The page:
Can social influence reduce bias in the interpretation of scientific information, even when this information challenges people to change negative health behaviors? Smokers often misinterpret the scientific information in anti-smoking warning labels because of motivated reasoning, where people misconstrue data on the basis of political and psychological biases. The addictiveness of cigarettes creates an even stronger incentive for smokers to ignore or misinterpret the scientific information in anti-smoking campaigns. In an online experiment, we use engineered social networks to harness peer influence among smokers and nonsmokers in such a way that counteracts and eliminates biased interpretations of warning labels. The methods developed for this study are relevant more broadly to the design of communication networks that can resist the rise of misinformation, while also fostering the growth of positive health behaviors.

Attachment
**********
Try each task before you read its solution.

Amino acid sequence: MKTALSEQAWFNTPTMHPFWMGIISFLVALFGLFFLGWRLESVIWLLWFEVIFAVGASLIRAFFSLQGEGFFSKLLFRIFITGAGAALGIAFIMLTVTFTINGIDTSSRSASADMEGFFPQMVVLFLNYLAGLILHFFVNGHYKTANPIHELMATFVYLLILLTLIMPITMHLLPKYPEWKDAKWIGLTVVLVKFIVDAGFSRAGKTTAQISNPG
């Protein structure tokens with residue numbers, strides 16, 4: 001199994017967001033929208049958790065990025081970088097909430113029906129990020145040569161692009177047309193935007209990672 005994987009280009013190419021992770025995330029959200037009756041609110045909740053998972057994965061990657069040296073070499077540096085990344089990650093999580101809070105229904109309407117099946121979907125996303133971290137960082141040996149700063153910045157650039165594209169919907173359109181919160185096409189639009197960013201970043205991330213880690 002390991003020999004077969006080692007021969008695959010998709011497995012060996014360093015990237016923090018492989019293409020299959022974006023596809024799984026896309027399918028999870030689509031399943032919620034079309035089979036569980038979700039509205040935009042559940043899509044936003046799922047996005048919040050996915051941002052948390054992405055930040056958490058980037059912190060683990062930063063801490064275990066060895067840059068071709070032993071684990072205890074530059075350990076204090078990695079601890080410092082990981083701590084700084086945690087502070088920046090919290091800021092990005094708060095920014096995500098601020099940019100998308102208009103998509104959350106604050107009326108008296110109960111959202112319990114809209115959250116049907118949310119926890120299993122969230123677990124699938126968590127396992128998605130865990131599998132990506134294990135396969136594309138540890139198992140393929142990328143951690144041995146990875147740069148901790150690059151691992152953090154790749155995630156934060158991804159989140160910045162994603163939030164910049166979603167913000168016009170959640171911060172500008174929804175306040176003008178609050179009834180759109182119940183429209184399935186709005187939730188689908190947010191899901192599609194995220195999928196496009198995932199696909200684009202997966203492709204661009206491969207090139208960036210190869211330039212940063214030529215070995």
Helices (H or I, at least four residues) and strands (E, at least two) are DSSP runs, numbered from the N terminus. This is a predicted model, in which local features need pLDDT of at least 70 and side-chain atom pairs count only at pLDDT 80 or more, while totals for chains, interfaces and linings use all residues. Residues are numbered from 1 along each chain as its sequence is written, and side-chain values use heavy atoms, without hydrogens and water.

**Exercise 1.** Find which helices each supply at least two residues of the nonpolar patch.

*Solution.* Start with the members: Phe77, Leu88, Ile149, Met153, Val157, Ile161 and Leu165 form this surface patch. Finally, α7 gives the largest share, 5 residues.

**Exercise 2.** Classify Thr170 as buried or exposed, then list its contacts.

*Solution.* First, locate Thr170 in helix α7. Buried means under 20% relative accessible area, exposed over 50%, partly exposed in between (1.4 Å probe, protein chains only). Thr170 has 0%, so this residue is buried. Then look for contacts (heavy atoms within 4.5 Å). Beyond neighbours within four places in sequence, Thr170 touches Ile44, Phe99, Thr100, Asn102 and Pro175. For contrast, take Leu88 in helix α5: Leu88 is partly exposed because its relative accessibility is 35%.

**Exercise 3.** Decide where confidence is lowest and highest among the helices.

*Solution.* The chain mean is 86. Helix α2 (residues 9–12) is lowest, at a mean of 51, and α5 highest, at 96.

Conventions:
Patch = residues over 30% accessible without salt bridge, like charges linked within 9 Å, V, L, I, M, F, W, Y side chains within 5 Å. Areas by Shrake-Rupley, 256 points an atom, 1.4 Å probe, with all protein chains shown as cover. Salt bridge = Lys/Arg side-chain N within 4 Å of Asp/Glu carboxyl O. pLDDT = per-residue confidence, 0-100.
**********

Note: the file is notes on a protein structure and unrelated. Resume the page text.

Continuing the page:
Research on this project was supported under the NIH Grant from the Tobacco Centers for Regulatory Control for “Using Social Networks to Improve Scientific Communication about Tobacco Use.” The content is solely the responsibility of the authors and does not necessarily represent the official views of the Robert Wood Johnson Foundation.